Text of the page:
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Champion of Lawrence's Santa Fe train depot wins national award from Amtrak


There hasn’t been much news lately about whether the city has a new plan to buy the Santa Fe Depot in East Lawrence, but there is news about the Lawrence woman who has been leading that charge.

Carey Maynard-Moody recently received Amtrak’s Champion of the Rails Award at a ceremony in Washington, D.C. The Champion of the Rails Award is one of the top awards Amtrak gives to citizens who support the idea of rail travel.

Maynard-Moody won the award for her role in founding Depot Redux, a Lawrence citizens group that does everything from providing basic cleaning of the depot to lobbying for the 1950s-era building to be preserved and restored.

The depot certainly has gotten more attention from Amtrak since Maynard-Moody and her group has come on the scene. Recently, Amtrak spent $1.7 million to install a new ADA-compliant platform at the Lawrence station.

“Of my 40 stations, about 20 of them needed platforms,” said John Bueschel, Amtrak’s district manager of stations. “Lawrence would have never had this platform or the new lighting, if it were not for Carey putting the station on the map.”

Passenger numbers at the station have been growing as the station has gotten more attention. In 2007, 3,732 passengers got on or off the train in Lawrence, which stops twice daily at the station. At the end of 2011, the number had grown to 6,608.

City officials also have been taking more notice of the station. Several city commissioners have expressed support for renovating the station — if they can find a low-cost way to do so. Taking ownership of the station wouldn’t be difficult. The Burlington Northern Santa Fe Railway owns the station, and has indicated a willingness to sell the building — but not the land it sits upon — for a nominal fee of a dollar or so.

But city officials have expressed concern that once it takes ownership of the building, there will be several repairs that the city won’t be able to avoid. In total, those repairs could run several hundred thousand dollars, and commissioners have been reluctant to own the building without knowing where that money would come from.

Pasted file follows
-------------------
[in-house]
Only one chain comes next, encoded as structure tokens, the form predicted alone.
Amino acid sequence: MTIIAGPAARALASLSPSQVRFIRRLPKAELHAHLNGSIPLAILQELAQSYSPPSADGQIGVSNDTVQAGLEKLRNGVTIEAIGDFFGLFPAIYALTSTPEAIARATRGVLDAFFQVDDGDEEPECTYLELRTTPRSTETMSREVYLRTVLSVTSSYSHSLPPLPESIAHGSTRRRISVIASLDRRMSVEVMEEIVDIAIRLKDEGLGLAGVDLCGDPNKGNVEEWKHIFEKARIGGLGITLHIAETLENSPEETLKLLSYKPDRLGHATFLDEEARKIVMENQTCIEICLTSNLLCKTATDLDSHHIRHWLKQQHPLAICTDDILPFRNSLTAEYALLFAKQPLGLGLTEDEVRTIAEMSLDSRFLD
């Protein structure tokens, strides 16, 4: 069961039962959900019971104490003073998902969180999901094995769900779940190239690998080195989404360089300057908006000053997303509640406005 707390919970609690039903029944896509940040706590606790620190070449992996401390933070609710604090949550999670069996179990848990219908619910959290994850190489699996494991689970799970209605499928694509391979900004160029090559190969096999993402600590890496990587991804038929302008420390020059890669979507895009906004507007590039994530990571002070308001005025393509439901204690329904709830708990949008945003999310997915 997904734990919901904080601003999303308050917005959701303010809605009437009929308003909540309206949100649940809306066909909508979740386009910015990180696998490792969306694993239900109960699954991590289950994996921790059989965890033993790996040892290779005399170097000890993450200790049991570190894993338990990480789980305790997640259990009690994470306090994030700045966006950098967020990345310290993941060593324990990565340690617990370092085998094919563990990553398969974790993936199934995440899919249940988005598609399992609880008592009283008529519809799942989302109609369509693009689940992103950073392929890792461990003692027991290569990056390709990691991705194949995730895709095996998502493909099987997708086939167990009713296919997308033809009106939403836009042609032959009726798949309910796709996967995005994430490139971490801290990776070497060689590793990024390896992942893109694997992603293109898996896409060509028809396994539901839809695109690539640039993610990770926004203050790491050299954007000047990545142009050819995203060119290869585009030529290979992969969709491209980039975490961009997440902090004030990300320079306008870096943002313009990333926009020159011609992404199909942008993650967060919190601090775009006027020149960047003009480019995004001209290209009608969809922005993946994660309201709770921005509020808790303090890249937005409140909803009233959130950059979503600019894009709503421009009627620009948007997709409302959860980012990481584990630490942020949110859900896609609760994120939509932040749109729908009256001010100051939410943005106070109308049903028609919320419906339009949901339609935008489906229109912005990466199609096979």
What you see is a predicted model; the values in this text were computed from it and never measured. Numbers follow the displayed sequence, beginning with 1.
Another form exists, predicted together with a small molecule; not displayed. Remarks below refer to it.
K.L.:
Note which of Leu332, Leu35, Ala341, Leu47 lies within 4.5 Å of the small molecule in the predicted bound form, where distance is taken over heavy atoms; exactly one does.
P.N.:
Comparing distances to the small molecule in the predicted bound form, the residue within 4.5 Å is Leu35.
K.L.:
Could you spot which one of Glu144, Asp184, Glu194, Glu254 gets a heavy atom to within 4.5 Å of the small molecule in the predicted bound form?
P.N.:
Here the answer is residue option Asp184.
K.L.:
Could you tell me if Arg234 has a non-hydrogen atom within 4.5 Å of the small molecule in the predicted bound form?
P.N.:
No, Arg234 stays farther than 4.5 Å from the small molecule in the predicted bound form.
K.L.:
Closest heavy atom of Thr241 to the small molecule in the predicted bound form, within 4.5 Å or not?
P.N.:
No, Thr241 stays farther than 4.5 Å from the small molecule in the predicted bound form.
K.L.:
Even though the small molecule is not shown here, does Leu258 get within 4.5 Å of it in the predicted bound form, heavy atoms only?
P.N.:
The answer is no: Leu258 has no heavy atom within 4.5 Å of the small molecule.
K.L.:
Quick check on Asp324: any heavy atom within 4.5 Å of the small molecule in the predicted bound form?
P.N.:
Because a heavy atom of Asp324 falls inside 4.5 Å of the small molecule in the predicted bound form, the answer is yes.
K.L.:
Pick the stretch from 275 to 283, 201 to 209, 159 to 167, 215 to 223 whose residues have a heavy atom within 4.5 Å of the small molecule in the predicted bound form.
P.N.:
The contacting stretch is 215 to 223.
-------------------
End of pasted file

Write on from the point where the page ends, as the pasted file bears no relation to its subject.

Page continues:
Earlier this year, officials with the city’s transit system said the station — which is at Seventh and New Jersey streets — might make a good central station for the city’s bus service. But in July, transit officials recommended against the idea because they said further study revealed the site wasn’t really large enough to accommodate the number of buses that would be the station. Several neighbors also had objected to the plan.

At that point, even some of the stronger supporters on the City Commission said they they’re not sure how the city can justify taking over the building, unless some sort of secondary use is found for it.

“Right now it is used only as a train depot a couple of times during the night,” City Commissioner Aron Cromwell said in July. “The rest of the time it is empty. That is not enough use for us to justify purchasing and maintaining the building.”

At that time, city commissioners basically were hoping somebody from the public would come up with another feasible use for the building, because they didn’t have any off the top of their heads.

That was in July, and waiting for another use to emerge still seems to be where the project is at.


patkindle 5 years, 4 months ago

i am sure amtrak bnsf would reward anyone who added to thier bottom line with a token ceremony . i am only guessing she travel for free?

riverdrifter 5 years, 4 months ago

Amatrak? Please check your headline, LJW eds.

ctrowbridge 5 years, 4 months ago

Thanks, riverdrifter!

-Caroline Trowbridge, Community Editor

patkindle 5 years, 4 months ago

another english major with no job, but time on thier hands

Keith 5 years, 4 months ago

What did you major in, grumpy studies?

LadyJ 5 years, 4 months ago

I thought Carey Maynard-Moody was a man, guess I was wrong.

gccs14r 5 years, 4 months ago

Getting Greyhound to swing by there would help. The biggest boost would be from getting a commuter train to Kansas City that would make two morning outbound trips, a midday trip each way, and two evening inbound trips on weekdays, with a morning, bidirectional midday, and evening trip on weekends. Once that's in place, then it'll be worth it for someone to set up a newsstand and coffee shop, and a taxi stand might pop up next.

I'd really rather see regular service from Manhattan to Independence, MO, with half-hour schedules both ways during morning and evening rush, hourly service at lunchtime, and every two hours at other times. Run some of the service just between the cities with stops along the way, but also offer an express that hits just the five-six major stops that makes the whole run before returning.

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